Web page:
If you are acquainted with the rings of Saturn and the rings of Uranus, the rings of Neptune may surprise you. Ordinary capital letters supply names for the principal rings of Saturn. They are called the A Ring, B Ring, C Ring, etc. Similarly, most of the rings of Uranus are named after Greek letters. So we would naturally expect the rings of Neptune to bear the names of Arabic or Russian letters, or perhaps Chinese characters.
The scientists who named Neptune’s rings had a different idea. They named the rings after people who were somehow associated with the planet Neptune. The innermost ring is called Galle. His name commemorates the discovery of the planet Neptune by the German astronomer Johann Gottfried Galle in 1846. The next closest ring is called LeVerrier after Urbain Jean Joseph LeVerrier, who calculated the position of Neptune from its gravitational effect on Uranus and told Galle where he could find this new planet. The next closest ring is “a faint outward extension of the LeVerrier Ring,” according to NASA. It is called the Lassell Ring in honor of William Lassell, who discovered Triton, the largest moon of Neptune. Next comes the Arago Ring, named after the French astronomer Dominique François Jean Arago, who invented the polariscope. The outermost ring is the Adams Ring. Like Leverrier, John Couch Adams calculated the position of Neptune before the planet was actually discovered. He told an astronomer named Airy where he could find it, but the Airy did not act on the information. Consequently, Neptune does not have any Airy Ring.
Discovery of the Rings
In 1977, Elliot, Dunham and Fink discovered rings of Uranus when they observed a star as the planet was moving in front of it. Whenever the star was directly behind a ring, the starlight temporarily appeared dimmer; so the three astronomers correctly concluded that rings were obstructing the passage of light.
This inspired Edward Guinan and others to look for Neptunian rings when the planet moved in front of a star. However, the results were perplexing. Sometimes the starlight dimmed when ring material passed in front of it, but sometimes it did not.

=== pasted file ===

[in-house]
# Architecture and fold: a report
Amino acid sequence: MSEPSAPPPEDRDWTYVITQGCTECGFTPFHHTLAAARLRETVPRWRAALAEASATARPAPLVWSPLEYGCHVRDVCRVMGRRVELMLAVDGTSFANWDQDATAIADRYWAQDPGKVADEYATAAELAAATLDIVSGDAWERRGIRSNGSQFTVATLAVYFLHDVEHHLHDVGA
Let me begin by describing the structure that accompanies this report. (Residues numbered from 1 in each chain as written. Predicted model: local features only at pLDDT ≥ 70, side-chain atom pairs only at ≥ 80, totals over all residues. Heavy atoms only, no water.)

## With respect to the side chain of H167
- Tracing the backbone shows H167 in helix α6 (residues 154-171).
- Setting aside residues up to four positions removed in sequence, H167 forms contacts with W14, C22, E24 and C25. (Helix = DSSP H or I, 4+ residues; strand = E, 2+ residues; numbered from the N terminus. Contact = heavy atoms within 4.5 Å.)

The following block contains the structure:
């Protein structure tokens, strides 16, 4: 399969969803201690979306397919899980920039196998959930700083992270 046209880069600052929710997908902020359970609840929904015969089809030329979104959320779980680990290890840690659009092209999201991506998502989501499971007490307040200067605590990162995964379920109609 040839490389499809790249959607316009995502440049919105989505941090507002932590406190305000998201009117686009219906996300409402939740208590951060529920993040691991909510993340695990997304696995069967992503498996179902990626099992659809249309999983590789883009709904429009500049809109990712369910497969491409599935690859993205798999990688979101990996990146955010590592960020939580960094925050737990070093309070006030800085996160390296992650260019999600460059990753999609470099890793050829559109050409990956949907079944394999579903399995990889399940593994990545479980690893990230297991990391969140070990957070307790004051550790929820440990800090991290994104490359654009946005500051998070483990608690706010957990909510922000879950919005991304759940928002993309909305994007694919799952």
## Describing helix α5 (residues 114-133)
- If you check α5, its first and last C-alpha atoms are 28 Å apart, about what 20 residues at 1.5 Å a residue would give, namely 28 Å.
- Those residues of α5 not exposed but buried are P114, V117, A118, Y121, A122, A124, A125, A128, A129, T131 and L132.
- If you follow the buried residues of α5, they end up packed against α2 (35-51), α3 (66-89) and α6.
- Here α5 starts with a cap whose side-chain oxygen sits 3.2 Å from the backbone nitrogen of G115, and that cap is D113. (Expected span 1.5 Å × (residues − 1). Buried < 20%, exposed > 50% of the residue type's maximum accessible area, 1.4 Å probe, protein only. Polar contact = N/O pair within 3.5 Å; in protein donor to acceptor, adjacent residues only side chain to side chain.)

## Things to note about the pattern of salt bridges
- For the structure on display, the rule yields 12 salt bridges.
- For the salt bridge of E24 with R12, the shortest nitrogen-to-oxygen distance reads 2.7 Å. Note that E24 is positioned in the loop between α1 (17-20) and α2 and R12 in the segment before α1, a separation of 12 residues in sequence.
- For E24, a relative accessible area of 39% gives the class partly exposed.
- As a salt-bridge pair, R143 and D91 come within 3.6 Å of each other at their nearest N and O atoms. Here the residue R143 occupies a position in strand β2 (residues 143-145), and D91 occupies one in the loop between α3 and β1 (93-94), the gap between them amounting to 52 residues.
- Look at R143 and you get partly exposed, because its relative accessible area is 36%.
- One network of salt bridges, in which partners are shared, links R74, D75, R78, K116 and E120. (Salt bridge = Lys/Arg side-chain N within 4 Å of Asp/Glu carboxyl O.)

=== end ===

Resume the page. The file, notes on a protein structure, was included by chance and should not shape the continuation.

When Voyager 2 finally reached Neptune in 1989, it was discovered that Neptune had rings that were not uniform in composition. The rings did not always dim the starlight because some parts of the rings contained fewer particles.
In case of the Adams Ring, some of the more opaque parts were given names. From pictures taken by Voyager 2, it was learned that the Adams Ring contained several ring arcs, which were called Liberté, Egalité, and Fraternité, which is French for Liberty, Equality, and Fraternity.
Dark Albedo of the Rings
The rings of Neptune do not reflect much light. They are much darker than the principal rings of Saturn.
A ring consists of many small bodies that revolve around their mother planet. Whether the rings are dark or light depends on the materials of which the revolving bodies are made.
Obviously, it is not currently possible to take one of these revolving bodies into the laboratory and examine its material microscopically. However, I suspect that not too many of them are made of ice, since ice reflects light efficiently. They are probably made of rock.
Distance from Neptune
The Galle Ring is about 41,900 km from the center of Saturn, and the Adams Ring is about 62,933, according to NASA. The other three rings lie between these two.
Four of the 27 Neptunian moons thus far discovered have orbits that are closer than 62,933 km from the center of the mother planet. Their gravitational attraction undoubtedly has some influence on the particles of the rings. The names of these four moons are Naiad, Thalassa, Despina, and Galatea.
Note: There are actually six Neptunian rings that have been discovered. One has not yet received an official name.
NASA: Neptune – Rings
Universe Today: Rings of Neptune
European Space Agency: Neptune
Space: Neptune, the Other Blue Planet in the Solar System